A guest post this week. Benjamin Chadwick, author of newly-launched Parisian transport infrastructure and urban design website Fabric of Paris, extols the virtues of the stations on the underground central section of Paris’s RER line E.
As Londoners continue to wait for Crossrail, some commentators have drawn comparisons with Paris’s RER, which similarly consists of preexisting suburban routes connected by purpose-built tunnels running across the city centre, running faster and with fewer stops than the respective metro networks. In many ways, the RER had an even more transformative impact than Crossrail hopes to. The London Underground already serves the suburbs, whereas the Paris Métro peters out at the old city walls. The social impact of opening the city centre to the poorer banlieues can’t be underestimated. But in engineering and planning terms, the challenges were similar – to build wide tunnels through already crowded areas, with connections to existing metro stations.
The first line, the RER A, opened in stages between 1969 and 1977 and was immediately wildly popular, reaching 300 million journeys per year by 2011. Several of the stations on this line have been called “cathedral stations”: cavernous underground halls on a scale Paris had never seen (and few places have still). The largest of these is Auber, whose huge underground space, 30m below the surface, comprises three levels: the train lines and platforms, a spacious concourse, and a mezzanine with ticket offices.
While these early RER stations were certainly impressive, it’s to the newest line that we can look for what I consider real beauty. Line E was first announced in 1989, as “Eole”, for “Est-Ouest Liaison Express” (“East-West Express Link”). At the same time, what would become Métro line 14 was announced, labelled “Meteor” for “Métro Est-Ouest Rapide”. The east-west axis in Paris was (and remains) one of the busiest corridors in the world, and the RER A was already operating at capacity as early as the 1980s, despite numerous innovations to increase the frequency of trains.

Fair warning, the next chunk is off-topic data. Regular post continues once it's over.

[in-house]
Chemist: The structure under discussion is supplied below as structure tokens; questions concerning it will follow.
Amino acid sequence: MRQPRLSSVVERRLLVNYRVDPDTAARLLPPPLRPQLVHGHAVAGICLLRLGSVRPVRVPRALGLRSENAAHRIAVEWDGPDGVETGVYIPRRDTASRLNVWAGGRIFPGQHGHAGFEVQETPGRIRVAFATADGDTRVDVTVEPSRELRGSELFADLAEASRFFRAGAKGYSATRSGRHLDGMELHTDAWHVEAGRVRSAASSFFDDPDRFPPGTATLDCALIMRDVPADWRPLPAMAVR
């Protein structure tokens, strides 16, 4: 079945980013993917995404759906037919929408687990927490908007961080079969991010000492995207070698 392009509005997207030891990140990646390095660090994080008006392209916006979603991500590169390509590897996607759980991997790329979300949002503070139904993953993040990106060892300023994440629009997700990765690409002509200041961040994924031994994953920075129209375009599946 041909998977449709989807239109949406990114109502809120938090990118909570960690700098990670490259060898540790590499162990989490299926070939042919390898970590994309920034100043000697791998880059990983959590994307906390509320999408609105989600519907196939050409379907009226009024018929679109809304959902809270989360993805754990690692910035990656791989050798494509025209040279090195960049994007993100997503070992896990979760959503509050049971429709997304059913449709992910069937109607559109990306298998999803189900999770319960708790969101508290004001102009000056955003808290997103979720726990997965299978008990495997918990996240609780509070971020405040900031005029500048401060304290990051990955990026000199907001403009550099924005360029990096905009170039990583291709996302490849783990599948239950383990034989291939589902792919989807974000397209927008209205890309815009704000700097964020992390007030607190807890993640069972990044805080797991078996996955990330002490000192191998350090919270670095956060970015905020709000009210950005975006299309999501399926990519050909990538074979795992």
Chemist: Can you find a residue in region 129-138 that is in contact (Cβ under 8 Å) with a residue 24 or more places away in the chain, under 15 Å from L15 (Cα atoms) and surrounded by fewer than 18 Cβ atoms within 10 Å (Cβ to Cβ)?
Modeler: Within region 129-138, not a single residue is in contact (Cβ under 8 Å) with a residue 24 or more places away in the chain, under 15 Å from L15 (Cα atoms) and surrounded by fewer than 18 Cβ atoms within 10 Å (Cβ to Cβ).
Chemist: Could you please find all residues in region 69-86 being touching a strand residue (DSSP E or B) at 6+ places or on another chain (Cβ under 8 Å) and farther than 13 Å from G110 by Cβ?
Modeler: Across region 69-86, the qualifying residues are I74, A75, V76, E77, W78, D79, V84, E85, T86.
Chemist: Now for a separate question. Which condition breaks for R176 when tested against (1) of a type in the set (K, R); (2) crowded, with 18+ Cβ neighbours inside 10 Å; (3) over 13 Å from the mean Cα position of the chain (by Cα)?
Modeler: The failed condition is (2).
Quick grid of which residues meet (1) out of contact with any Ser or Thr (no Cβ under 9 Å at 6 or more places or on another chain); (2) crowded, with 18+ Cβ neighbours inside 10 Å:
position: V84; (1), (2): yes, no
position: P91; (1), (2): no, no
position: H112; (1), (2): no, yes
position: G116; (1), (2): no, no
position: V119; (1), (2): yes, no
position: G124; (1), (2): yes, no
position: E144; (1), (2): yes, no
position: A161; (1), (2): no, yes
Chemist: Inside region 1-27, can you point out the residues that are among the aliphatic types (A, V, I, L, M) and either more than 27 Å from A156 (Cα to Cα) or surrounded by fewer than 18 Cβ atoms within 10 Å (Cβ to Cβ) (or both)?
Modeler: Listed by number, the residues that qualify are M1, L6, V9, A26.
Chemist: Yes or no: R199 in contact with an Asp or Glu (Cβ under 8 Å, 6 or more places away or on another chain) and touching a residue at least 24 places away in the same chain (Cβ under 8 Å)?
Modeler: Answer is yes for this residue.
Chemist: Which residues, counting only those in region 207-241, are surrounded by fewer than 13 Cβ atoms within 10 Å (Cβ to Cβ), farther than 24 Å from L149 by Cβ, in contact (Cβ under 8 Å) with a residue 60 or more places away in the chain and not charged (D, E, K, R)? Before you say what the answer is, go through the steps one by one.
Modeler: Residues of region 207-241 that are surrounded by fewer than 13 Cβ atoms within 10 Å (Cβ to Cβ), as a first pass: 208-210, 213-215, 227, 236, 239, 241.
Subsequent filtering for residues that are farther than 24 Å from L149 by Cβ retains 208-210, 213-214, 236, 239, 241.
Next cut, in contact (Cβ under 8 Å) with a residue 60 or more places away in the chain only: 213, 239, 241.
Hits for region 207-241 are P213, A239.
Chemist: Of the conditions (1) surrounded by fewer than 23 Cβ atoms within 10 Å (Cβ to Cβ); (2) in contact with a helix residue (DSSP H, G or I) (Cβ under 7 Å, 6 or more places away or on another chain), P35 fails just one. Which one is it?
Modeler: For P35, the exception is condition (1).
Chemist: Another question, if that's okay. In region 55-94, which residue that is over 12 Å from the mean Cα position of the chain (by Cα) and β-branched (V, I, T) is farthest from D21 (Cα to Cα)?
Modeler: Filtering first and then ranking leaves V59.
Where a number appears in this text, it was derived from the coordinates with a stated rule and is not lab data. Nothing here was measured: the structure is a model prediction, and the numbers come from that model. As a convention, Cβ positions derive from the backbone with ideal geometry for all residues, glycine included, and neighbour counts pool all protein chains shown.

Line E opened in 1999 and links Paris’s central business district around Opéra and the Gare Saint-Lazare with suburbs to the east, easing crowding on lines A and B and cutting journey times for people travelling via the Gare du Nord. Line E has two underground stations in central Paris: Haussmann – Saint-Lazare and Magenta. Magenta is conveniently located between the Gare du Nord and the Gare de l’Est. Haussmann – Saint-Lazare connects to the mainline Gare Saint-Lazare, Auber on line A, and no fewer than four different Métro stations serving 7 lines. This is one of the largest underground station complexes in the world and serves an area home to department stores such as Galeries Lafayette and Printemps, tourist attractions such as the Opéra Garnier, and hundreds of thousands of square metres of office space.
These stations, like those of the RER A, are impressive in scale. Each has four tracks: two in a vast central hall, and one either side. But for a number of reasons they feel even more spacious that that first generation of “cathedrals”. Firstly, high ceilings abound, even in connecting tunnels. But what I think really makes them feel cathedralesque is the use of light and colour.